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As children become teenagers, they’ll come across problems they need to sort out themselves. You won’t always be there to give your child advice, but you can help him develop skills and strategies so he can solve problems on his own.

Teenager talking to mum and dad

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Research shows that teenagers tend to do better psychologically when they’re in environments that encourage conflict resolution and problem-solving.

 

Everybody needs to solve problems every day. But we’re not born with the skills we need to do this – we have to develop them.

When solving problems, it’s good to be able to:

  • listen and think calmly
  • consider options and respect other people’s opinions and needs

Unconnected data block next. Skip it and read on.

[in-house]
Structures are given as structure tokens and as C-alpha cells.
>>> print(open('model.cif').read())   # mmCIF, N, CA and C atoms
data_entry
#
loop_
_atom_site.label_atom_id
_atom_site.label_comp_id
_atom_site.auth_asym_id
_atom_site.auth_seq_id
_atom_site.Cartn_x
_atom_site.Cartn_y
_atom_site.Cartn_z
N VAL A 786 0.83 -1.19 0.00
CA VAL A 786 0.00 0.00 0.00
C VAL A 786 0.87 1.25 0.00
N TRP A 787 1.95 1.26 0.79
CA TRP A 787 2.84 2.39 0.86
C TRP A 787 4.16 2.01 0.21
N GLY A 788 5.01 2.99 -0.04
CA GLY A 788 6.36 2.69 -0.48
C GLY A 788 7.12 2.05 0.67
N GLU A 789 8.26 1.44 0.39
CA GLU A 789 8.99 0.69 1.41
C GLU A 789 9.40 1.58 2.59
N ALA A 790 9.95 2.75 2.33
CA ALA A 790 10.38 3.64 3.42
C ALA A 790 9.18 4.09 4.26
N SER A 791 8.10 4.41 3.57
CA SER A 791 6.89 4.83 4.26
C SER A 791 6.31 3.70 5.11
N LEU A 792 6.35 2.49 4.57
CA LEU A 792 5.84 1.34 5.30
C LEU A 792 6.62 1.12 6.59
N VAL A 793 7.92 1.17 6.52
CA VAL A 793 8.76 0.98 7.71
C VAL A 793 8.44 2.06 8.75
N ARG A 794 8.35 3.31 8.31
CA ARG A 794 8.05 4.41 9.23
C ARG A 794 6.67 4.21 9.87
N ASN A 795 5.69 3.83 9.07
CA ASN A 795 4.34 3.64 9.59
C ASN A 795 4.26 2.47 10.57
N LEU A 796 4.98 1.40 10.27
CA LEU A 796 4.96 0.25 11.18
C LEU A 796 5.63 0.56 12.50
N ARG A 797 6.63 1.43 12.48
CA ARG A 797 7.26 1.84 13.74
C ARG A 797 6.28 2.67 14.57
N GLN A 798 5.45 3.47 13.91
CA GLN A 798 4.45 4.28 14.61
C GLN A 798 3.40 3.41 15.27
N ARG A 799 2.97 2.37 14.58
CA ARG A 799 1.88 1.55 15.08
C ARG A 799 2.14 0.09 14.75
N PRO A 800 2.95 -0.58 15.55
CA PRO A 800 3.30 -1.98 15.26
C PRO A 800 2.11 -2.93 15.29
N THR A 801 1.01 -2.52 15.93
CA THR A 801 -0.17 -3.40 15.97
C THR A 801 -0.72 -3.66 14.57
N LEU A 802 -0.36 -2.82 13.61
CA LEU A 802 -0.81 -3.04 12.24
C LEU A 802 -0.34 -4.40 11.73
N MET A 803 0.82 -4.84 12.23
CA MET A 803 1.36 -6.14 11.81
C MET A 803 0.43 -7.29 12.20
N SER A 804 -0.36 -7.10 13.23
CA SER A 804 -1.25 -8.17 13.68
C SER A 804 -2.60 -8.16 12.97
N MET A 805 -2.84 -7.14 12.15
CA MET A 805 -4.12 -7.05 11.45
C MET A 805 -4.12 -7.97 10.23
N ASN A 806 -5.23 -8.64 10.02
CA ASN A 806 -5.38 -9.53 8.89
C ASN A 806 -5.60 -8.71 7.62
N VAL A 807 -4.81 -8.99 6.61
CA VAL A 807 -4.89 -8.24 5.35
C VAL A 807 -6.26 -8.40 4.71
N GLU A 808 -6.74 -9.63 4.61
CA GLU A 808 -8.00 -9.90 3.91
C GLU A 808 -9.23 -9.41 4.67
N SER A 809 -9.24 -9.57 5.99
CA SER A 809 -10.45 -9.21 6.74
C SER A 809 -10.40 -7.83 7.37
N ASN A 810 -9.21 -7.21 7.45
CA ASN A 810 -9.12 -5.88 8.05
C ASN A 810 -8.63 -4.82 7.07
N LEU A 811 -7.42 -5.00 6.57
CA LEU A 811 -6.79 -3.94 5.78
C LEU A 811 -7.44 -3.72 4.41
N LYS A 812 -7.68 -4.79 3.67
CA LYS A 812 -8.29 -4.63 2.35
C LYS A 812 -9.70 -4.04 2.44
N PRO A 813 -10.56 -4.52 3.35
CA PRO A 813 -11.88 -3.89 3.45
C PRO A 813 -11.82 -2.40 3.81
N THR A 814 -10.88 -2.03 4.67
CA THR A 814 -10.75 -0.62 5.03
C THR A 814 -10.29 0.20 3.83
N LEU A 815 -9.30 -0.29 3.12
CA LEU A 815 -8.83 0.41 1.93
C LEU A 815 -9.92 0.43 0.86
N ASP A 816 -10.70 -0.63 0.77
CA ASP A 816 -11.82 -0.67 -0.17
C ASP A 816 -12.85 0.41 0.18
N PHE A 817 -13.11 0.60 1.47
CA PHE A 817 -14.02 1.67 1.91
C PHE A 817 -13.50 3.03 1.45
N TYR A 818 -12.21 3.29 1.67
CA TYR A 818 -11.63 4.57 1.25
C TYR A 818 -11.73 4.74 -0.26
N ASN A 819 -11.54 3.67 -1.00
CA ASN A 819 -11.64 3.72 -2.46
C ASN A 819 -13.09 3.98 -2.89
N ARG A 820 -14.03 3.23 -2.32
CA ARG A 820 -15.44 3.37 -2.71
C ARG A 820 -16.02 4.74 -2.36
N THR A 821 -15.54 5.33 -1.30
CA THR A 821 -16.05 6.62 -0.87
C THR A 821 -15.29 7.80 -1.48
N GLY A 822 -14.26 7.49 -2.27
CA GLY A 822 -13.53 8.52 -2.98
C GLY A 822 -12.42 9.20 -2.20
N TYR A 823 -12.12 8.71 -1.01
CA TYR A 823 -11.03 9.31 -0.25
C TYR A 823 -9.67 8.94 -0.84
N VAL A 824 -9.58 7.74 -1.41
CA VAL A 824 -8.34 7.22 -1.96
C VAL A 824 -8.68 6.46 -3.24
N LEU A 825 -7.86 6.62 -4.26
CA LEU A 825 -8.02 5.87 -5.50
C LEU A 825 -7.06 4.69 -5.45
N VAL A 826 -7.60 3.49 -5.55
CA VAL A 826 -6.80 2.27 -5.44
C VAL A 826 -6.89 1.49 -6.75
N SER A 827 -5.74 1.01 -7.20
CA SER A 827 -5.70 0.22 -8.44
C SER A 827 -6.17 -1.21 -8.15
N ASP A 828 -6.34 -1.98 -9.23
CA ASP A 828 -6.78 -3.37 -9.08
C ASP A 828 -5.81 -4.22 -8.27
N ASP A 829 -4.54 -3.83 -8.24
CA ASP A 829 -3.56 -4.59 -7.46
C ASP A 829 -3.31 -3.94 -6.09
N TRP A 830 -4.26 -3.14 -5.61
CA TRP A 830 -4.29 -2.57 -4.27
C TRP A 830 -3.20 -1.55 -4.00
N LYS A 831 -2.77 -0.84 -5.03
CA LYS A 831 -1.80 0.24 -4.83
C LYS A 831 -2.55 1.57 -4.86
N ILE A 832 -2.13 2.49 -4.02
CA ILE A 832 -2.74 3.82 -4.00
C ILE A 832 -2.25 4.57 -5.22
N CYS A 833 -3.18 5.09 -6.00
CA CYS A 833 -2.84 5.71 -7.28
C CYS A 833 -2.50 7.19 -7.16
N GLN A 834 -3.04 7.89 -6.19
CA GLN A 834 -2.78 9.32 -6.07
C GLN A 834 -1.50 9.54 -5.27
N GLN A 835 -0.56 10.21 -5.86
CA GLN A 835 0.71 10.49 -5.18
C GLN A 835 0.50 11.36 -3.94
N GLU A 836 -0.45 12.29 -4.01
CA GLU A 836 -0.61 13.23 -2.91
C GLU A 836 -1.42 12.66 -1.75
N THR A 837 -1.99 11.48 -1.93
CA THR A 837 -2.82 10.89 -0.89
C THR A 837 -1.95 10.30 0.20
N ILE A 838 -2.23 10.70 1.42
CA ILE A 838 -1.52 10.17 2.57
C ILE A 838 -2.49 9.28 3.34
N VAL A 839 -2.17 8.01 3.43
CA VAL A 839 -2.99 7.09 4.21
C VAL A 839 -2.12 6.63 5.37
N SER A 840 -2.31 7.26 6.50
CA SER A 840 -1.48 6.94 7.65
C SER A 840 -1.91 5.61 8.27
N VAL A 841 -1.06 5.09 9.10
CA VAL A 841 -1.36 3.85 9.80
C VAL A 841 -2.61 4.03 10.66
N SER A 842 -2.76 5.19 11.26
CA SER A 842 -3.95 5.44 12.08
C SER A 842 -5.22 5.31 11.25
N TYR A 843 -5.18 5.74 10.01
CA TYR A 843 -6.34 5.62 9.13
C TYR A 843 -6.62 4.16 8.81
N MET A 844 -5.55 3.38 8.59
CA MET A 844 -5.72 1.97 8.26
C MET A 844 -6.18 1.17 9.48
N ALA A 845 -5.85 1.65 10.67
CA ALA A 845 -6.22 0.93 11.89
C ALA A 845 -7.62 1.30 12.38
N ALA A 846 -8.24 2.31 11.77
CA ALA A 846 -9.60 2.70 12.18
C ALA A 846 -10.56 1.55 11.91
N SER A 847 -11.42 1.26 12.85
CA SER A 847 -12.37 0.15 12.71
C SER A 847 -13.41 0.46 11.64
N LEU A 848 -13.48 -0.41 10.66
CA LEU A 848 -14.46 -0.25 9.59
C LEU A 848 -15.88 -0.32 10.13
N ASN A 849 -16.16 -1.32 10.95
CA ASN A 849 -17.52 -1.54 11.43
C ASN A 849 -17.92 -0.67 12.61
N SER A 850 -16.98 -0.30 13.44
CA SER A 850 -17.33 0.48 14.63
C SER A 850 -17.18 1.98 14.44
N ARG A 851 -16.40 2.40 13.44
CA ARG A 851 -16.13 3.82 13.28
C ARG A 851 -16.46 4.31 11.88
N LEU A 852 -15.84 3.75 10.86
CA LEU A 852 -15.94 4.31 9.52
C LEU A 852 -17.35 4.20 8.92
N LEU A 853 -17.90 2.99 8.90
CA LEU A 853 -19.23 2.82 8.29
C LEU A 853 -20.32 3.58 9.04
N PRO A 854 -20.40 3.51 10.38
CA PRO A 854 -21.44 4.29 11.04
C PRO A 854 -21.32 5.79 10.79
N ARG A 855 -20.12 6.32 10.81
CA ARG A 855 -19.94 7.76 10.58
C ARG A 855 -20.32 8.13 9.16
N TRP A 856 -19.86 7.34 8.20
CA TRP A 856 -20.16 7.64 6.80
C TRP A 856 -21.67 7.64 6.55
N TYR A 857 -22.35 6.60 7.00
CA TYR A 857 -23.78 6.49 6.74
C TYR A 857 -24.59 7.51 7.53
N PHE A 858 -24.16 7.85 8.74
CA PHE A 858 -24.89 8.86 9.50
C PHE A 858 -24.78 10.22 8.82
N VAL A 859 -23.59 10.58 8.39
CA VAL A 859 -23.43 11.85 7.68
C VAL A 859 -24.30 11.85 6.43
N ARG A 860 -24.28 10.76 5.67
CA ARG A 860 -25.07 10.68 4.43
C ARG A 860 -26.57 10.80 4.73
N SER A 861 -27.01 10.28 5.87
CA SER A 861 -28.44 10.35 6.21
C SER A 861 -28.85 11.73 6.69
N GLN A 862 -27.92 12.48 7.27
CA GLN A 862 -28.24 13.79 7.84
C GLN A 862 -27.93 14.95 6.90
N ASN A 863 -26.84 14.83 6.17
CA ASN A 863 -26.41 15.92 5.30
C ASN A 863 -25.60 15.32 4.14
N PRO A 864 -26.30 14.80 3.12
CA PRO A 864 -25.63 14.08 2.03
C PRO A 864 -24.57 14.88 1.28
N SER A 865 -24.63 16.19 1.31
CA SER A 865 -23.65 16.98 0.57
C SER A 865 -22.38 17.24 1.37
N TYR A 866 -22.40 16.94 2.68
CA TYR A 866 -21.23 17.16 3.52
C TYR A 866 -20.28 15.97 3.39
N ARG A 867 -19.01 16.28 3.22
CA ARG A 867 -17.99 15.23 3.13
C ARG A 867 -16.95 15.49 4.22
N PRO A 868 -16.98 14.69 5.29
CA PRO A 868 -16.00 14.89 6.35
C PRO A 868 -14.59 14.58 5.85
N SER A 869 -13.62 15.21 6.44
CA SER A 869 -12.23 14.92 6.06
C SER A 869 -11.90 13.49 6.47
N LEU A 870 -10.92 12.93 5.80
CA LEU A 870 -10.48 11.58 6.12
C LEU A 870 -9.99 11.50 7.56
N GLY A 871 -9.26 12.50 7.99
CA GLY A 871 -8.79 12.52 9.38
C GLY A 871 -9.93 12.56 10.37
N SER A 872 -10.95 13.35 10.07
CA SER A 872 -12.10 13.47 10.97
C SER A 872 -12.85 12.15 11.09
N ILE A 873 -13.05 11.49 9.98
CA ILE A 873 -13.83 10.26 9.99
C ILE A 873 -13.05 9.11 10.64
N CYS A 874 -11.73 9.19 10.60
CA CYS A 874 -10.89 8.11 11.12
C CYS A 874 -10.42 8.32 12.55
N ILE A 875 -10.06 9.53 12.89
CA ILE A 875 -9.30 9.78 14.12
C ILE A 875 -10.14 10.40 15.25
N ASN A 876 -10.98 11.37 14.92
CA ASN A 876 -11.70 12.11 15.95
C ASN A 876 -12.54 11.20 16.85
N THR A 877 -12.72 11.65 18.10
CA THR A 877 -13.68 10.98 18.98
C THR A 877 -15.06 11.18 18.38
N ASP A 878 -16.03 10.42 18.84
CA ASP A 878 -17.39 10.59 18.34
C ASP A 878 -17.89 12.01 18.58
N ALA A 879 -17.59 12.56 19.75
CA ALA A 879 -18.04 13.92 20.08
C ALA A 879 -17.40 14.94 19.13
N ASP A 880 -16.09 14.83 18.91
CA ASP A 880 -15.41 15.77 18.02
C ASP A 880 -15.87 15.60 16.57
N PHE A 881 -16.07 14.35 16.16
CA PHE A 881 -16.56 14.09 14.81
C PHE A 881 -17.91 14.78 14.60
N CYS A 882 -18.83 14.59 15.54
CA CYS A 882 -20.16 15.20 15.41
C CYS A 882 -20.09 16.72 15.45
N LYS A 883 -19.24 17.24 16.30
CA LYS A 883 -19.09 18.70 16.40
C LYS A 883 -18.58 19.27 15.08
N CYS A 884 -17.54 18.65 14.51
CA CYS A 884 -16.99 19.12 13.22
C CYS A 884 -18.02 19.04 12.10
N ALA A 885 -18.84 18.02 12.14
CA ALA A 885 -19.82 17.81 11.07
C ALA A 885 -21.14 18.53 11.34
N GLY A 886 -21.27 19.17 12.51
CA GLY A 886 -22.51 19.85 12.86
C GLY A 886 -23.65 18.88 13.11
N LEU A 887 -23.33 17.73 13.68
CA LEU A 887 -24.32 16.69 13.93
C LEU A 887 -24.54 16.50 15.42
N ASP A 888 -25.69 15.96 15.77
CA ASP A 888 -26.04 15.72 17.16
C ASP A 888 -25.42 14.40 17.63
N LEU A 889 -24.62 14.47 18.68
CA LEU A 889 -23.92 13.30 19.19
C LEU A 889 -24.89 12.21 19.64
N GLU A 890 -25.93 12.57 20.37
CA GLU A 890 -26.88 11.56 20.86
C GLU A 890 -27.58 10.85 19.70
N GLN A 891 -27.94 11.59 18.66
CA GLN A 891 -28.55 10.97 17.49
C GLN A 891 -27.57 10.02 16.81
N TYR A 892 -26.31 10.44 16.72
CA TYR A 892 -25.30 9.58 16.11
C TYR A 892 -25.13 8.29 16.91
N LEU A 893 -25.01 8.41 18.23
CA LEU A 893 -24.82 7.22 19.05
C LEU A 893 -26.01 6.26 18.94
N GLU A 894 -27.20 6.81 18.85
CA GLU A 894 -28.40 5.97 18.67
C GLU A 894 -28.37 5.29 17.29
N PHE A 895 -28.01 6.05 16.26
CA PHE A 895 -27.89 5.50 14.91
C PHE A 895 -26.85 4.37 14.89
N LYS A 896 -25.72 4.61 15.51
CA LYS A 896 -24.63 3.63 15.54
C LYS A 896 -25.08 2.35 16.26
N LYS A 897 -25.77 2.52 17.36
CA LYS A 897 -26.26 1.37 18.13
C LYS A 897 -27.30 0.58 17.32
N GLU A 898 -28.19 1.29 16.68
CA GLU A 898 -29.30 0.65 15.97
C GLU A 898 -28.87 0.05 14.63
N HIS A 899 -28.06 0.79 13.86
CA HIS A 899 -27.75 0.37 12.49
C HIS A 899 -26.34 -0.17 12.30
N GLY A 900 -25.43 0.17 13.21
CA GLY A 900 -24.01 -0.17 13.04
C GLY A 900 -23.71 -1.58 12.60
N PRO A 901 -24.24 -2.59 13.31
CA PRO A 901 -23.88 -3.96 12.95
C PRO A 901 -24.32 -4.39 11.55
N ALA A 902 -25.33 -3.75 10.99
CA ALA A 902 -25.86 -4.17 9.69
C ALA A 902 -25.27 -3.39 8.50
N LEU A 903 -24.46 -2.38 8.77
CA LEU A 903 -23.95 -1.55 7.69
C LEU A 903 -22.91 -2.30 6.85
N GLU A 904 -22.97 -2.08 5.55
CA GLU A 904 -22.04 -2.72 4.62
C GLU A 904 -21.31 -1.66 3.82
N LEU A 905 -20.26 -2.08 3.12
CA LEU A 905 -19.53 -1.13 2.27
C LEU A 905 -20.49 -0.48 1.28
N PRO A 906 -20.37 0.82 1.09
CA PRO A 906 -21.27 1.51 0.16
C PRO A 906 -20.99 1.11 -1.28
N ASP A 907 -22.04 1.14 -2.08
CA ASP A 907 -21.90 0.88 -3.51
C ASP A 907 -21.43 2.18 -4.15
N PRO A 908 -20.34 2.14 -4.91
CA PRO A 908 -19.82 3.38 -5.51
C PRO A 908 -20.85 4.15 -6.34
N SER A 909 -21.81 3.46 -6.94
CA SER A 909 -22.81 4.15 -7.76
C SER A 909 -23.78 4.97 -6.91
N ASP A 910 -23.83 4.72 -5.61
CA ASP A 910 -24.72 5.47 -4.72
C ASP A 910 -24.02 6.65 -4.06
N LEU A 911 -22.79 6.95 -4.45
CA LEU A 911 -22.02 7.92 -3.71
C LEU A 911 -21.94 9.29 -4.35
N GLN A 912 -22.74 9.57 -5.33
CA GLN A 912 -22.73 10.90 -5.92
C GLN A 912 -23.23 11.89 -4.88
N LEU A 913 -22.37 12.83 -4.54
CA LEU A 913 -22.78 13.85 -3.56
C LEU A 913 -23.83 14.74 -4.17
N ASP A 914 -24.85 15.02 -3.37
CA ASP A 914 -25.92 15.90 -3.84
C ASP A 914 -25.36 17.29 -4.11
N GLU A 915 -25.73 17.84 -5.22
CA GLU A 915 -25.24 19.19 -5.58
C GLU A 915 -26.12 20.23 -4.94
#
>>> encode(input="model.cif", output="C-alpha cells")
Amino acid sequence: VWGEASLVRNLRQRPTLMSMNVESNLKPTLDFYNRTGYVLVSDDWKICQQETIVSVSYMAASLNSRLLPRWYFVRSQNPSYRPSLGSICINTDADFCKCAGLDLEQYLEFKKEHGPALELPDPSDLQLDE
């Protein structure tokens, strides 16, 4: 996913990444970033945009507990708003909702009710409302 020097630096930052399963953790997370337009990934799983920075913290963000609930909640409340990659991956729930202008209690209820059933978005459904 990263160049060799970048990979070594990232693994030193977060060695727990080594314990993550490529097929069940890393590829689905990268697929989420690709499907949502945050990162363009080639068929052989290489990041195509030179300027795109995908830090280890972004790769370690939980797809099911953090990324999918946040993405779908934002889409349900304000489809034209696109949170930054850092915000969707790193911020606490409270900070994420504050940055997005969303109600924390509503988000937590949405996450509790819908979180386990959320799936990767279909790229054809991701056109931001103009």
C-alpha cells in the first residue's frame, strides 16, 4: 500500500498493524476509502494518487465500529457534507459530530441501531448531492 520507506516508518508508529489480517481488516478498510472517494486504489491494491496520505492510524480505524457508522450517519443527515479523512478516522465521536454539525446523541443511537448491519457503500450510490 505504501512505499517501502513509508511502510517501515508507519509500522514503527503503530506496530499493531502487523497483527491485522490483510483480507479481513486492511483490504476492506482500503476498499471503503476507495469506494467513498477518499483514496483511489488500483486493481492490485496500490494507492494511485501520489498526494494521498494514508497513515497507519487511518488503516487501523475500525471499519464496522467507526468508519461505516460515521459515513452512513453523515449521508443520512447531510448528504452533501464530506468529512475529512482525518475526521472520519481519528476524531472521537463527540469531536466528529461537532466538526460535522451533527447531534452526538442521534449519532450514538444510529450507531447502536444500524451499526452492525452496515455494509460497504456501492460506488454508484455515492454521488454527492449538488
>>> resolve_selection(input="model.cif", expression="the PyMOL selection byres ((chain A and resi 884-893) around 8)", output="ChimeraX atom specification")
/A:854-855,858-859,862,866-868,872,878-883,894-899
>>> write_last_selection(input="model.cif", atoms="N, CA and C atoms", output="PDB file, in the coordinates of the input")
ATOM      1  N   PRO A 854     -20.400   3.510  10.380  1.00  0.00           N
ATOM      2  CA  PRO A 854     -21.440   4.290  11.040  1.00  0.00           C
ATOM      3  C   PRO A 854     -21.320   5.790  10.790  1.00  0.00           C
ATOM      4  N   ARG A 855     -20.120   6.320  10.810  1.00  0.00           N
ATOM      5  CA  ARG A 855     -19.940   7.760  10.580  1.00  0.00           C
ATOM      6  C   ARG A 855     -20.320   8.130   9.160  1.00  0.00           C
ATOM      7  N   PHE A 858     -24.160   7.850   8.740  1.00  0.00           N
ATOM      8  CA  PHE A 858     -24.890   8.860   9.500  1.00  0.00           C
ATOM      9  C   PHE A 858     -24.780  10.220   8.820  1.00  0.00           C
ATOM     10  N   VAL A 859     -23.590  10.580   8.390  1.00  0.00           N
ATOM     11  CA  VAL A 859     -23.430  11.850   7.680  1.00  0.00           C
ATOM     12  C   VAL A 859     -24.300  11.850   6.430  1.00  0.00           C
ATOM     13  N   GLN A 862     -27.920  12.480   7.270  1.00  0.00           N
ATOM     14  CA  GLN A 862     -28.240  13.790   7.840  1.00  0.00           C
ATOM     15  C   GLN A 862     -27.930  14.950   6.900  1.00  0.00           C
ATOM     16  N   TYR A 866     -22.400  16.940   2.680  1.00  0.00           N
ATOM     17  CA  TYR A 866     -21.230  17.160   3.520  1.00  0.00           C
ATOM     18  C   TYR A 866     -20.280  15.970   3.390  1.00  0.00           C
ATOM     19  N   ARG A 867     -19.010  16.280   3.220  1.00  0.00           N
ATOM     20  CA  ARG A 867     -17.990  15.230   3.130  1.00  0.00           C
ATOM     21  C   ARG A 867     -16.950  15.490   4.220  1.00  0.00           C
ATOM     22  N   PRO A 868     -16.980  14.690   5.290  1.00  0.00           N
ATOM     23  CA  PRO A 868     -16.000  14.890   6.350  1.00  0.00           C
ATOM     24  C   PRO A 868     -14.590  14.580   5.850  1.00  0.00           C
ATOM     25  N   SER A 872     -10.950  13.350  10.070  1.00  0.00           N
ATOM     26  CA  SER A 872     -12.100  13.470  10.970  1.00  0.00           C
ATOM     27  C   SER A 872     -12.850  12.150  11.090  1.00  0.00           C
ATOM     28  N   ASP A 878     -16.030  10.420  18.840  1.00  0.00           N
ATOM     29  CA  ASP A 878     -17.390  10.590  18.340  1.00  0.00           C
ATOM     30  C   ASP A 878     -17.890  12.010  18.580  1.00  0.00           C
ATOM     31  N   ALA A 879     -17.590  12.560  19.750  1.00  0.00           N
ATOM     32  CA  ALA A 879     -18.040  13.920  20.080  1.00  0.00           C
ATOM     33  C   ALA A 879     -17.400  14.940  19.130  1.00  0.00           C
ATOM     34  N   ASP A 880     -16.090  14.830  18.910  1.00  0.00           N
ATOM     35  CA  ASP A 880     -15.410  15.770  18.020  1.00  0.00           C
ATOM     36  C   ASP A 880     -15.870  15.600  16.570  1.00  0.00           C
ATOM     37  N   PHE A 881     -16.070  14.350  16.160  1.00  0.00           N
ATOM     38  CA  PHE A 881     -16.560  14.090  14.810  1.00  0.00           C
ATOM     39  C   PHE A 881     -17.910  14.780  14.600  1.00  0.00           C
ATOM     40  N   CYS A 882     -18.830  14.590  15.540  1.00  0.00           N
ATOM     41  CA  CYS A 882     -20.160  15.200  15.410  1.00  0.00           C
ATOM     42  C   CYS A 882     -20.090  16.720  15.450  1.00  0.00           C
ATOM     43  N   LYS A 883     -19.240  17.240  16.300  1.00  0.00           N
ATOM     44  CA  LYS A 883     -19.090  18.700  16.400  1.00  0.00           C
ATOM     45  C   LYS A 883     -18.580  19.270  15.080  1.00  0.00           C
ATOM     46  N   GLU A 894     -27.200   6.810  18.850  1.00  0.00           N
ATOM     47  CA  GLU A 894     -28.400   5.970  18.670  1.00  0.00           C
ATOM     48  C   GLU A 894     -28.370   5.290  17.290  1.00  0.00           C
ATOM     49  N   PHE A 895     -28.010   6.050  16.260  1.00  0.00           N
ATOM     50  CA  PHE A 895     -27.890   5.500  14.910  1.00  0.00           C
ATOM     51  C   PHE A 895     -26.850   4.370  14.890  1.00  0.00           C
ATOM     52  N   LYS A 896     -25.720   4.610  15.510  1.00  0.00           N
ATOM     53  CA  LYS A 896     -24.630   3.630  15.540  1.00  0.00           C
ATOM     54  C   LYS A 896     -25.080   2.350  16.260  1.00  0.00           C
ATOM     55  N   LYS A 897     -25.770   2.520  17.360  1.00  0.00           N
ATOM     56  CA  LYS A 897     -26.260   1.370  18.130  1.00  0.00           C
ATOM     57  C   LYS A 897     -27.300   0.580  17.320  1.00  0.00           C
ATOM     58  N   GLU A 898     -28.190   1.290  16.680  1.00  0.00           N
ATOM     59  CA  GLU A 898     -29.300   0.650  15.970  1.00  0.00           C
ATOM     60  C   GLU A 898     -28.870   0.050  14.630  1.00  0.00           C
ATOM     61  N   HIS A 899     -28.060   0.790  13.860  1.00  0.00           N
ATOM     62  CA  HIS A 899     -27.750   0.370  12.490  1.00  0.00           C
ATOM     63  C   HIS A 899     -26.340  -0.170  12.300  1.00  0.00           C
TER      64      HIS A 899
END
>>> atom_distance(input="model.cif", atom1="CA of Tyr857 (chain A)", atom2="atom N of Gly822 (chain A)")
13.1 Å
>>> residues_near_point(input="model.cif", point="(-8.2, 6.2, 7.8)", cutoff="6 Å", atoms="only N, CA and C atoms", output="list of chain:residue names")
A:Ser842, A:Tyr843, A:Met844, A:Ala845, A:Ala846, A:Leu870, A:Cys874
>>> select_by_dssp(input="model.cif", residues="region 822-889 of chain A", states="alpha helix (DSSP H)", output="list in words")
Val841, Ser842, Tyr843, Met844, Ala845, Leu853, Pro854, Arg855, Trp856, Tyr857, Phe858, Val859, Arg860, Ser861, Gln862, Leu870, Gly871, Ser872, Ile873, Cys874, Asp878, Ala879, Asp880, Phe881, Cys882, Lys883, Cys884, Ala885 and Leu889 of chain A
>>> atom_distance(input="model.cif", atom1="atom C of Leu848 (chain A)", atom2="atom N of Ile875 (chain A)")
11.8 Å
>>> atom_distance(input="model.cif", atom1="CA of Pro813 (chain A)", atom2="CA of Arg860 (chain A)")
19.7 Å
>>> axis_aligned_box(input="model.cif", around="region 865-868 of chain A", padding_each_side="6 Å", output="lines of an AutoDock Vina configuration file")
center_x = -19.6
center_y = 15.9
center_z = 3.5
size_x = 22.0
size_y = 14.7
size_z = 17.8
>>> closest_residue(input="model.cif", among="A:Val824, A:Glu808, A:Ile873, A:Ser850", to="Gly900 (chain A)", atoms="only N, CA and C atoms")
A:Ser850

• find constructive solutions and, sometimes, work towards compromises.

These abilities are highly valued in both social and work situations – they’re skills for life.

When teenagers learn skills and strategies to sort out problems and resolve conflicts by themselves, they feel better about themselves and more independent. They’re better placed to make good decisions on their own. 

Six steps to solving problems

Problems can often be solved by talking and compromising. The following six steps are useful when you can’t find a solution, and can be used to work on most problems – both yours and your child’s.

You might like to download and use our problem-solving worksheet (PDF: 121kb) – it can help you come up with a solution together by guiding you through the process step by step.

When you’re working on a problem with your child, it’s a good idea to do it when everyone’s calm and can think clearly – this way, your child will be more likely to want to find a solution. Arrange a time when you won’t be interrupted, and thank your child for joining in to solve the problem.

1. Identify the problem
The first step is to work out exactly what the problem is. Then put it into words that make it solvable. For example:

  • ‘You’ve been using other people’s things a lot without asking first.’